Back in the day-a long ago day- it was a booming mining town.
Copper was the thing.
It was so productive that a French company bought it (from the Mexican fellows who were running it) and they made it a big operation out of the deal until the mines ran dry.
They built a railroad and brought in timber for the mines and as a result, the architecture of the town is built in the "Old West" style.
Oddly, there's something vaguely reminiscent of Martha's Vineyard or Avalon on Catalina, with the narrow streets and clapboard faceades, with wrap around covered porches, painted in faded pastels.
Only its not at all gentrified.
It's got a Kurt Vonnegut twist. An alternate universe, where a charming, historical, blue-collar, town stays the same forever.
Starbucks never moved in and no one ever built a gringo lobster joint on the waterfront.
We were the only Gringos we saw in town, on Monday night, after the sun went down and our boat chores were finished and we set out to explore.
The town was hopping.
Beat up old flatbed pickup trucks wind through the narrow one way streets pumping Banda music form huge, stand-up house speakers.
Packs of teenagers roam the streets but in totally separate groups.
Girls on one side of the street-Boys on the other.
Things are very traditional here and this is a WAY Catholic country...
Shop-keepers stood in the doorways of Mexican shops selling things that Mexicans buy;
Auto parts and Vegas show-girl high heeled shoes.
People were friendly and low key, as they are everywhere we go here.
No one we met spoke any English.
We wandered around, the palest, freckliest, blondest people in town.
We ate amazing street food;
Fresh, sweet corn tamales with pineapple or cheese.
Slices of hand made Pizza with insanely hot local chili's,
bacon wrapped grilled hot dogs with the works, cheese and chills and crema.
Local ice-creams with chunks of fresh frozen fruits.
The church, designed by Eiffel ( yes, of the Eiffel tower), built in France and then shipped over, was having a service.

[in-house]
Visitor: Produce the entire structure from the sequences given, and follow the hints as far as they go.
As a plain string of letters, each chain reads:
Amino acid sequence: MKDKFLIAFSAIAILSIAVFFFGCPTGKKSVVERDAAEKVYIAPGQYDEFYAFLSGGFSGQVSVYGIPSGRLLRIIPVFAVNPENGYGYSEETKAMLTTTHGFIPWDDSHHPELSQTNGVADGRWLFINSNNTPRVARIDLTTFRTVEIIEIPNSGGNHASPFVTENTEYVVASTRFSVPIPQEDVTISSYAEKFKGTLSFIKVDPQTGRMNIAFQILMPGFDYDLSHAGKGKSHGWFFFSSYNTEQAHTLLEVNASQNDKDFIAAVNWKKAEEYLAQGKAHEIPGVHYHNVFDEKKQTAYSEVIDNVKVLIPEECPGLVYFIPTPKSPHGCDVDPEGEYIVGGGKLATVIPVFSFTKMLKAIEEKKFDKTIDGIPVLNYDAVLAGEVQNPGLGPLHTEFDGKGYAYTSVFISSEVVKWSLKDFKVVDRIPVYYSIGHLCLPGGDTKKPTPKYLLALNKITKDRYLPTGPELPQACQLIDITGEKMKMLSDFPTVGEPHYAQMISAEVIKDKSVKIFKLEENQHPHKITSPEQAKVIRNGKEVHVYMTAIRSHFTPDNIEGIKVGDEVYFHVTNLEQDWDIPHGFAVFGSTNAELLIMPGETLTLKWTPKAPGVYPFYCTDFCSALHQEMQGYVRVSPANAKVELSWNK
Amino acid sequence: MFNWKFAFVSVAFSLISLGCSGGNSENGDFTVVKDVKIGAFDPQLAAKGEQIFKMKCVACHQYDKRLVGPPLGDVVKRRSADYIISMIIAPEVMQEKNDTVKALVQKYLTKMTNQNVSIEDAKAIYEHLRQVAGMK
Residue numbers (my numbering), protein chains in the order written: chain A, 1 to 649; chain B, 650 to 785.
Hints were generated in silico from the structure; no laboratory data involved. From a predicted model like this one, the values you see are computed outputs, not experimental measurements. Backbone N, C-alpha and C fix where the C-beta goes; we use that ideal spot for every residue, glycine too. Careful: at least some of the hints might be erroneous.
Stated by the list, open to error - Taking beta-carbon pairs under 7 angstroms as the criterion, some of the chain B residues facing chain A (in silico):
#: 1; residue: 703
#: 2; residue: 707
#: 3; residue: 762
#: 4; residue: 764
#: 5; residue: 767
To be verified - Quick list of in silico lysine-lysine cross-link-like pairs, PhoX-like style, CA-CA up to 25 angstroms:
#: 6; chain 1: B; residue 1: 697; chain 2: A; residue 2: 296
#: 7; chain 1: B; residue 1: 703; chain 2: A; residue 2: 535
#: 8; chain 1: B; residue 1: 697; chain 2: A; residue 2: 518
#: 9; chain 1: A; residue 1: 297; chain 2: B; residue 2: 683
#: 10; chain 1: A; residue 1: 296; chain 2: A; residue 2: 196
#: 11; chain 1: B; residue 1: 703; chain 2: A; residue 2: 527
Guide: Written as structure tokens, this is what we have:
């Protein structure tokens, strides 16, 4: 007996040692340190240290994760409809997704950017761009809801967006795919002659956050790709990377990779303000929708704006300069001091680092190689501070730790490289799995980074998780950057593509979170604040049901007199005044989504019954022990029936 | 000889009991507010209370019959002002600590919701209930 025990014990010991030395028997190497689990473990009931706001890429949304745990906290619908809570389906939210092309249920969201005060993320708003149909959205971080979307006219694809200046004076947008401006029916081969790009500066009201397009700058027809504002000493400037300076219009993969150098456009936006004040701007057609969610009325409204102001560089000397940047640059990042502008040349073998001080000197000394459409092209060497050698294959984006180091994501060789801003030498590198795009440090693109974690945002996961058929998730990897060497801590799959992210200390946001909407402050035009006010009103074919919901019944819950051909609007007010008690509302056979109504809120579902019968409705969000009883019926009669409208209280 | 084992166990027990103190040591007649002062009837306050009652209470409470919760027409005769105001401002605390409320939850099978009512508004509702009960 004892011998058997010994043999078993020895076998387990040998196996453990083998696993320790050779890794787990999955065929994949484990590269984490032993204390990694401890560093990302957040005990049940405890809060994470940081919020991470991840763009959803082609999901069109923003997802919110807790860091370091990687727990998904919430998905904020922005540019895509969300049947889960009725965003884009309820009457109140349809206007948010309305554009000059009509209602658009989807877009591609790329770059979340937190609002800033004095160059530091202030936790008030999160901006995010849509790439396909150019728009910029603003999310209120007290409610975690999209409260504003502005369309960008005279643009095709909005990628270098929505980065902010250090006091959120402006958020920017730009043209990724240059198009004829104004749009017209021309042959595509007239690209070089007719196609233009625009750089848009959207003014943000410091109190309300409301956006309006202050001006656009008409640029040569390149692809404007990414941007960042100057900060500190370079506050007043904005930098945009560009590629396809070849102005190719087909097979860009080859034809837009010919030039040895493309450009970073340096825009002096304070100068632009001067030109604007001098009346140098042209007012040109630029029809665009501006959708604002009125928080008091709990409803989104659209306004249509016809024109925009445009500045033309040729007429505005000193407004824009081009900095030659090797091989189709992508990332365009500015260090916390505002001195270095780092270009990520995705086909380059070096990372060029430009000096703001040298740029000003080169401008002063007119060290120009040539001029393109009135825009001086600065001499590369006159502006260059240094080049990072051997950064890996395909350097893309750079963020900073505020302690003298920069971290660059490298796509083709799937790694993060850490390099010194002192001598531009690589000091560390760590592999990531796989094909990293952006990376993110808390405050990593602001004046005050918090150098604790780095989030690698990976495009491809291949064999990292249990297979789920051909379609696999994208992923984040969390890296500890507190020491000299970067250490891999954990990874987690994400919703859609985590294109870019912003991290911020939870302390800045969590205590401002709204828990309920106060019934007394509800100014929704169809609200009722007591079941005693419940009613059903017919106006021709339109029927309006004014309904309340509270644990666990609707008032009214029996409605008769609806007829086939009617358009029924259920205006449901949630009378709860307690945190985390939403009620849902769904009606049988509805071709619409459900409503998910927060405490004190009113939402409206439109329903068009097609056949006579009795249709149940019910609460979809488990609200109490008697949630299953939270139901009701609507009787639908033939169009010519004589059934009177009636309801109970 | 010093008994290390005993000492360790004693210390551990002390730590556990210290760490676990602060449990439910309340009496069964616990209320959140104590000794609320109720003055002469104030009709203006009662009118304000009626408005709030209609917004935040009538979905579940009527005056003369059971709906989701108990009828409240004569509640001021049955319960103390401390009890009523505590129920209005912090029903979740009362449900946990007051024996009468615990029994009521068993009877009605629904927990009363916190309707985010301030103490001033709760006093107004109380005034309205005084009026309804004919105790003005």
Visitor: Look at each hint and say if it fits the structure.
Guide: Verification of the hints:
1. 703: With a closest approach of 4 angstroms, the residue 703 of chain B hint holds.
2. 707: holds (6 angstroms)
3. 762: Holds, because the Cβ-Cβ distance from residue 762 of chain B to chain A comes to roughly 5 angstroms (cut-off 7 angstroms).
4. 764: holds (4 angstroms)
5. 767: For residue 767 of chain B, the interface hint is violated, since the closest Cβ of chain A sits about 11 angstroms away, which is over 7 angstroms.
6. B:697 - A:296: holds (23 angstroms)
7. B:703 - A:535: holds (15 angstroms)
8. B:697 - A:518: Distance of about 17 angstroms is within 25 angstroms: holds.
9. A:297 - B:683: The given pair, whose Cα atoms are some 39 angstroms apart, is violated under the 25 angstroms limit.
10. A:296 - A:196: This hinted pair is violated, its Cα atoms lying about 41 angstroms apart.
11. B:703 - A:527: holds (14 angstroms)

The doors were open and you could wander in and out.
The preacher smiled and waved when we did.
The school is in the center of town.
The gymnasium was open wide and groups of men and boys played basket ball while piles of girls giggled in the bleachers.
People watched TV in their living rooms, their doors open to the street.
They were eating dinner, playing cards, sitting on the couch and talking.
Six months ago, we would have felt uncomfortable, walking around a small, un-touristy Mexican town, busy doing its own thing.
We were still under the raincloud of American media.
We see things with our own eyes now.
Of course there is evil in this country.
There are troubles.
But we have plenty of it back at home, too.
This is a working class town.
It is Monday night.
People are doing the things they do.
We never saw anything scary.
There wasn't even a single bar open, other than in a small, quiet cafe.
And EVERYONE we pass smiles and says "Hola".
When was the last time you saw that in LA?
I remember, it was the two weeks right after 911 when we all felt connected by grief.
In Baja, i think everyone is just connected-all the time.
Some cities remind me of women.
Venezia is a transvestite.
During the daylight hours, Venice is fascinating but gaudy, and tattered at the edges...
But if you wander her streets after dark, when the bus loads of harsh American tourists have departed for the day,
and San Marco is full of the locals again...
She is divine.
She glitters and shines, she's magical and a little crazy.
If you stay up to late drinking with her you might get into trouble.
Santa Rosalia is an Ethnic Mama.
She scares you a little with her yelling and hand gestures
but then she pinches your cheeks and gives you a bowl of delicious soup.
Her kitchen doesn't smell like your kitchen back home.
You have no idea what those spices are and all the furniture is covered on plastic and there are religious icons in tacky frames on the walls,
She makes you feel right at home.
|dead spotted moray|
|Ferry to the mainland|
|Adios Santa rosalia|